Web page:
Pollsters say Sarkozy will face an uphill battle to convince disillusioned voters that they should elect him again [Reuters]

Nicolas Sarkozy, the French president, has officially announced that he was running for re-election, with fewer than 10 weeks to polling day and the centre-right leader trailing in opinion polls.

"Yes, I am a candidate in the presidential election," Sarkozy said in an interview on France's TF1 channel on Wednesday.

Sarkozy has lagged behind Socialist candidate Francois Hollande in opinion polls for months.

'Captain of a boat'

"I took this decision because France, Europe and the world have for the last three years seen a series of unprecedented crises, which means that not seeking a new mandate from the French people would be abandoning my duties," he said.

Sarkozy said he was presenting himself as "the captain of a boat in the heart of a storm", adding: "I have things to say to the French people, I have proposals to make to them."

Former Socialist leader Francois Hollande has a comfortable lead in opinion polls [Reuters]

The French president has been operating on a de facto campaign schedule of television appearances and twice-weekly regional tours for months now, but had yet to officially confirm his candidacy.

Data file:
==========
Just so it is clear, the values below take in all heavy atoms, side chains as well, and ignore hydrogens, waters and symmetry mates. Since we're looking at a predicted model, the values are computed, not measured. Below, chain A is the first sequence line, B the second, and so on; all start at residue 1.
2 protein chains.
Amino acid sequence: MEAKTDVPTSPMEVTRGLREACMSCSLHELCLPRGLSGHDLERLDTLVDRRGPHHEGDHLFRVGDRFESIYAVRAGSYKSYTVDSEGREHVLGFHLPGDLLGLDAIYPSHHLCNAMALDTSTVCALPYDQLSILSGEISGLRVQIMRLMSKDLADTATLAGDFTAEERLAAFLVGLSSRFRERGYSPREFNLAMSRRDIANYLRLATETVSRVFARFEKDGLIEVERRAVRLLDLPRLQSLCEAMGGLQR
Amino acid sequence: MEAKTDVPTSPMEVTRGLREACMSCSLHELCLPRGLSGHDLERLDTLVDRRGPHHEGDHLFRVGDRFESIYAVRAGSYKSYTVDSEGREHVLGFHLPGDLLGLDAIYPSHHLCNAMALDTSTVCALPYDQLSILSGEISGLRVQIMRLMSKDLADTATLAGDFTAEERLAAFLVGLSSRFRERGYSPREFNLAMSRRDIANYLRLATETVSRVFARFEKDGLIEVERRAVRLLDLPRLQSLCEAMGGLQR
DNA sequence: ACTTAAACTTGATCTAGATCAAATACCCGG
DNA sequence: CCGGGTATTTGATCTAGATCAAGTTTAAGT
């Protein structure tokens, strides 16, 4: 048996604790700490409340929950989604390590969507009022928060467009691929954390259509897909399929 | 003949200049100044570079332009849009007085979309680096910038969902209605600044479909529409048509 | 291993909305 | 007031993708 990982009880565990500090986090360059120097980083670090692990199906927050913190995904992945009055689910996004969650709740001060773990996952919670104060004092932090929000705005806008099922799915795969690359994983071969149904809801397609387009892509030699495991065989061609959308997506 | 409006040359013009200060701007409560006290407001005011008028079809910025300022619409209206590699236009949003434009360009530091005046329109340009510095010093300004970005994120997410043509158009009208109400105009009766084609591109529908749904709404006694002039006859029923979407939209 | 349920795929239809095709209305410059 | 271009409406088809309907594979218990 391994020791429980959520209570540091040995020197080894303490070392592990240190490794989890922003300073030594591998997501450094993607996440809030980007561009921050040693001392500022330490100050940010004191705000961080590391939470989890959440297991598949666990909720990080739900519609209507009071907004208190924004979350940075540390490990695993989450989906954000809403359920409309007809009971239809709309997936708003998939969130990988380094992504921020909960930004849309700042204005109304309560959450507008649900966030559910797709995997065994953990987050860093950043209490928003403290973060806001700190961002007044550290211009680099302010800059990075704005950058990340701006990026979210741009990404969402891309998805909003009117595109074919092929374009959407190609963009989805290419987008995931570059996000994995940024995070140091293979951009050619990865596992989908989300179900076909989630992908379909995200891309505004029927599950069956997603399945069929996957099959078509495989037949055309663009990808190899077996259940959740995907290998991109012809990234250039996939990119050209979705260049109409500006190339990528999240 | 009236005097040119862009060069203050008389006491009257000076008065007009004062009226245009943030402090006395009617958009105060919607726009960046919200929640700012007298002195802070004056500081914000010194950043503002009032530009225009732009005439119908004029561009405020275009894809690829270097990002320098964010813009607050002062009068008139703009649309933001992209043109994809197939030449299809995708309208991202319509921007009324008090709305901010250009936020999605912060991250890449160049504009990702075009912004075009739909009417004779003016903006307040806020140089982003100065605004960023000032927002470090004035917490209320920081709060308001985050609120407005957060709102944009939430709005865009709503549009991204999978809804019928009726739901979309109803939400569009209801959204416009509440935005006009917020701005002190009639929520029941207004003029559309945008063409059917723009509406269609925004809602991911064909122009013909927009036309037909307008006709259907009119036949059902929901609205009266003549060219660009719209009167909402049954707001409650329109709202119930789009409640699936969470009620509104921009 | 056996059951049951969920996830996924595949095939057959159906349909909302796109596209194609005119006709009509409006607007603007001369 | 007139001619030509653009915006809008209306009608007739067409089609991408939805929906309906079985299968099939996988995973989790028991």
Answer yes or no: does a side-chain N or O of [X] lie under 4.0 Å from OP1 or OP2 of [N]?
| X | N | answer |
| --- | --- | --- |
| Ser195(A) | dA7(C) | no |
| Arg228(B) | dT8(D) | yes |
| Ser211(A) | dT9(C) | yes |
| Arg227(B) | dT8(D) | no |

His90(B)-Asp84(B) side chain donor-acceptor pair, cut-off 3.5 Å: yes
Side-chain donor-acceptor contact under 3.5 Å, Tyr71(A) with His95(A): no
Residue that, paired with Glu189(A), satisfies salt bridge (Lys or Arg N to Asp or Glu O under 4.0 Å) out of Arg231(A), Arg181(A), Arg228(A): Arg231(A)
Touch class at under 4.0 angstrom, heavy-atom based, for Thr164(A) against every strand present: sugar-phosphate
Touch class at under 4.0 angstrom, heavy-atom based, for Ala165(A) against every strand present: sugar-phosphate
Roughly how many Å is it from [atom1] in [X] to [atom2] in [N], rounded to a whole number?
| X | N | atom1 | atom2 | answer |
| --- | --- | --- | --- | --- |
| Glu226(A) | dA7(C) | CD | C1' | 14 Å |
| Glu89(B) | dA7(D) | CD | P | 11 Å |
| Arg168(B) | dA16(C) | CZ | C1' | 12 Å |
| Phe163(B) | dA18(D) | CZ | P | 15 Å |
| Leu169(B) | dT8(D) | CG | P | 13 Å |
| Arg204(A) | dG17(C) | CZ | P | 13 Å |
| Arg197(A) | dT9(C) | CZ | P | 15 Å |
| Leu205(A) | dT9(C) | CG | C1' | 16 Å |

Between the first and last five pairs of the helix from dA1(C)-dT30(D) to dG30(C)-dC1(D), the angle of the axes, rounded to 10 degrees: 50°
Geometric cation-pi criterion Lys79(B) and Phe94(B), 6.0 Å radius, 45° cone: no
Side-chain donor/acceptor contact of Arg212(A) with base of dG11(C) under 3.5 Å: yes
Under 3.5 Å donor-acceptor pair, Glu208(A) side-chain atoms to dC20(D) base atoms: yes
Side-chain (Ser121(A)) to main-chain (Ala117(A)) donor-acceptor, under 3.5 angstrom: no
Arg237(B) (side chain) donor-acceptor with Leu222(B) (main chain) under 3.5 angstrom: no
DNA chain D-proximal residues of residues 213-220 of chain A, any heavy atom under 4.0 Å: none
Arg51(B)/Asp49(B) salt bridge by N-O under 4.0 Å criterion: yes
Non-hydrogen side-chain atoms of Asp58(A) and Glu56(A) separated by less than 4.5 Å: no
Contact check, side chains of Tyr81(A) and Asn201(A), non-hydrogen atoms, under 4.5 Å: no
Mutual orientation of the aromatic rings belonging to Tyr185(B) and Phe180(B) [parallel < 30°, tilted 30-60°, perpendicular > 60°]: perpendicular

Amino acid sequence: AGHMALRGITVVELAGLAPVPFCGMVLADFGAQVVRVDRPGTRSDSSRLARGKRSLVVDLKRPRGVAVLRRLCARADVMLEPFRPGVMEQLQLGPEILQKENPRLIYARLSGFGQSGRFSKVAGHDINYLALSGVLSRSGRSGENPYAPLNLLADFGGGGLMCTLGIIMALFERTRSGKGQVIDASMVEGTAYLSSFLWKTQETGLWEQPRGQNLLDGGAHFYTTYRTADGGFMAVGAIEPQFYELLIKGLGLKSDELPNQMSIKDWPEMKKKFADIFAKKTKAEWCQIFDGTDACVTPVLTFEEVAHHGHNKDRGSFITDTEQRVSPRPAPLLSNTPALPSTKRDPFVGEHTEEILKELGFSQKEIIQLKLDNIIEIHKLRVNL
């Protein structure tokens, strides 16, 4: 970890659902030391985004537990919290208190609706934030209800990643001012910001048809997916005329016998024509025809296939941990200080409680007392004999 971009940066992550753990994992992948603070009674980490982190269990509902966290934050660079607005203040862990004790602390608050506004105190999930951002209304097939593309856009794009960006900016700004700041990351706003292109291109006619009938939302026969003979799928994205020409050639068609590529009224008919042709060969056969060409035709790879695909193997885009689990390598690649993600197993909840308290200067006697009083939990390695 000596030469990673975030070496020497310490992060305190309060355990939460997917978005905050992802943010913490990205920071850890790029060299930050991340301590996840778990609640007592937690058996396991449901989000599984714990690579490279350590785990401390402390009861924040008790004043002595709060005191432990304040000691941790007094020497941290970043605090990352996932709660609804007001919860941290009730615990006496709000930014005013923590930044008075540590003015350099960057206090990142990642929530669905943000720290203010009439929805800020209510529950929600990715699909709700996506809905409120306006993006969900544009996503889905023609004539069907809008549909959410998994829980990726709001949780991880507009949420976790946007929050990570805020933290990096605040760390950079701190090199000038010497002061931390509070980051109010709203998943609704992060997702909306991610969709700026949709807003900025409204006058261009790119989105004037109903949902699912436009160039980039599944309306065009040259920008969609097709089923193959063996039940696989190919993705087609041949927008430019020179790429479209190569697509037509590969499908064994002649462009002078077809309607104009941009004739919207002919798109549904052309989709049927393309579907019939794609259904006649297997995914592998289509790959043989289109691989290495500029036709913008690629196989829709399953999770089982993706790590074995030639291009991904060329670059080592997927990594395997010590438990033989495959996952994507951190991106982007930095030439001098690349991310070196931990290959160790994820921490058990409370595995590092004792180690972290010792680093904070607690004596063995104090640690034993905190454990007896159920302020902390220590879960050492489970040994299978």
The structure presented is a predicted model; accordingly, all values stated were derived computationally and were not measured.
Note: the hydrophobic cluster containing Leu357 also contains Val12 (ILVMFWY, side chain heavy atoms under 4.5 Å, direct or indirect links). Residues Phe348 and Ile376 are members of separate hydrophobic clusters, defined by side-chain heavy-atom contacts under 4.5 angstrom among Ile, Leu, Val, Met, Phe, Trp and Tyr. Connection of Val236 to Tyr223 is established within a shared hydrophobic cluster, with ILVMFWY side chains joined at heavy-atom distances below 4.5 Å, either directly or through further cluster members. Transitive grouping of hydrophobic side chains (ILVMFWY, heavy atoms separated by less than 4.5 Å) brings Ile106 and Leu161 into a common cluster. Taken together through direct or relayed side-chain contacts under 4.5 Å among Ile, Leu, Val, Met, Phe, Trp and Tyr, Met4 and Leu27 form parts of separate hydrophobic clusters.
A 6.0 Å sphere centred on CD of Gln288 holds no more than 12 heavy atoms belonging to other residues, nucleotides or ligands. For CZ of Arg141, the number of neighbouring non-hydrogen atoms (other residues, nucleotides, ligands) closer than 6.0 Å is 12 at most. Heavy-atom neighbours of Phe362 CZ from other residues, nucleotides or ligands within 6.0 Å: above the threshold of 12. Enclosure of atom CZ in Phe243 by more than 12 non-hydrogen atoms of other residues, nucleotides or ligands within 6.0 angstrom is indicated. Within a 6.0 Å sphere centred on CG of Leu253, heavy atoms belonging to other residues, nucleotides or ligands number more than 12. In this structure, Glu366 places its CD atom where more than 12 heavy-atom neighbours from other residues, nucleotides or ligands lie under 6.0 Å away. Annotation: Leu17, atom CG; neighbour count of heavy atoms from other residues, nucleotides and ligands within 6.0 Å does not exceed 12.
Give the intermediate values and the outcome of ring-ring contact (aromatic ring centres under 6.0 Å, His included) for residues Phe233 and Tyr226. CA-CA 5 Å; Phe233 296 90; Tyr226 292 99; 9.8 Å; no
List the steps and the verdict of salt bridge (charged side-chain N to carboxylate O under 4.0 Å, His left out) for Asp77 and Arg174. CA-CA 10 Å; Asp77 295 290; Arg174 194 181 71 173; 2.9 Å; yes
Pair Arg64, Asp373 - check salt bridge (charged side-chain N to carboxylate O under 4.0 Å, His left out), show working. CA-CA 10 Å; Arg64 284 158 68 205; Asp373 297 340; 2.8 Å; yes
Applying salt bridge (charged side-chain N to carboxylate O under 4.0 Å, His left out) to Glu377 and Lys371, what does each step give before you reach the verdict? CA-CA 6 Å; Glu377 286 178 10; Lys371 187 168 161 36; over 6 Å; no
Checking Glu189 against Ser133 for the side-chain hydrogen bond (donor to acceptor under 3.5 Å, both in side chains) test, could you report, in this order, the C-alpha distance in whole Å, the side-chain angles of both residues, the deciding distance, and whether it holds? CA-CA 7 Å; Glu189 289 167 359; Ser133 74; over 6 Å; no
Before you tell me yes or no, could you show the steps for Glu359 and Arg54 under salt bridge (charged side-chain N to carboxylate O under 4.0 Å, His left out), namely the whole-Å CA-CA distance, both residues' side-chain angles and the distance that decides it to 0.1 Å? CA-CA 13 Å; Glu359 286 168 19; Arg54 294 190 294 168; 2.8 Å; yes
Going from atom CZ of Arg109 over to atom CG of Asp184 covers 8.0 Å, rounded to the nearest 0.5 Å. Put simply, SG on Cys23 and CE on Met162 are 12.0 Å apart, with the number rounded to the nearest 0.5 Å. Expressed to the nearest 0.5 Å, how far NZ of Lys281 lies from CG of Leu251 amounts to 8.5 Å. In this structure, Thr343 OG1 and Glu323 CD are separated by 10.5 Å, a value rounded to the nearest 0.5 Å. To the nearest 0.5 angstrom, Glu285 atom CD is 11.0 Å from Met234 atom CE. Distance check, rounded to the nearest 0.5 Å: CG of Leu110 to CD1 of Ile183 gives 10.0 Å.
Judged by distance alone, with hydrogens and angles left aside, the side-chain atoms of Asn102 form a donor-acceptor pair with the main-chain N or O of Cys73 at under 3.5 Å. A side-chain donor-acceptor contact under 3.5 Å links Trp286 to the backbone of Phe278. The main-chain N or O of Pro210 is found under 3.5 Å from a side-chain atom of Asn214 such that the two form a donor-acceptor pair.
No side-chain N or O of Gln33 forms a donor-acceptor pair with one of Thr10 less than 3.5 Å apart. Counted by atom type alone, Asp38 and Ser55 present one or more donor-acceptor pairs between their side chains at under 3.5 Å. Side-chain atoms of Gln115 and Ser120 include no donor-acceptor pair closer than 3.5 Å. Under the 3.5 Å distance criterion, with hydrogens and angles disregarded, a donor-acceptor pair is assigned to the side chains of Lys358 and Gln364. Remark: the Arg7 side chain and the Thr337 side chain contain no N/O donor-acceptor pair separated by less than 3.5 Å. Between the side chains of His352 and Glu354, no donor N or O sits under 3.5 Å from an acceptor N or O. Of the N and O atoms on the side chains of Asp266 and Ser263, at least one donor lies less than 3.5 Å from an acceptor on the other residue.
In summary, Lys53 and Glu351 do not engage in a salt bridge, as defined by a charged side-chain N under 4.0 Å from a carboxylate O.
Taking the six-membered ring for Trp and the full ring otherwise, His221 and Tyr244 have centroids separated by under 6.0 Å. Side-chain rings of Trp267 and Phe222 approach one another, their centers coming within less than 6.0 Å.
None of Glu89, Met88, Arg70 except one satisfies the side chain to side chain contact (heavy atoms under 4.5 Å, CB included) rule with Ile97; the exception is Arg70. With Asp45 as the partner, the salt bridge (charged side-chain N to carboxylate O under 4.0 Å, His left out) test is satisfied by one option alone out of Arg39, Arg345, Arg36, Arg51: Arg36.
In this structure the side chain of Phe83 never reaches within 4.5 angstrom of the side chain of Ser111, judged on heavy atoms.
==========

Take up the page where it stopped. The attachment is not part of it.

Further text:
Opinion polls consistently forecast that Sarkozy will be beaten by Hollande in a runoff on May 6, but the president's
camp is clinging to hope that he can rekindle the energy that brought him to office in 2007.

Sarkozy's programme combined the most modern tactics - he launched a Twitter account on Wednesday - and the most traditional - he was due to visit a provincial cheese factory in the Alps on Thursday.

After Thursday's trip to the Annecy cheese plant, he will hold a large set-piece rally in the southern port city of Marseille on Sunday.

The French left has not won a presidential election since 1988, but Hollande has a comfortable lead in opinion polls.

The latest survey published on Wednesday by Harris Interactive for the news magazine VSD forecast that Hollande would win the first round with 28 per cent to Sarkozy's 24 then sweep the run-off with 57 per cent to 43.

In this poll the only other candidate within reach of the second round would be far-right National Front leader Marine Le Pen on 20 per cent, but most observers now see the campaign as a two-man race.

Source: Agencies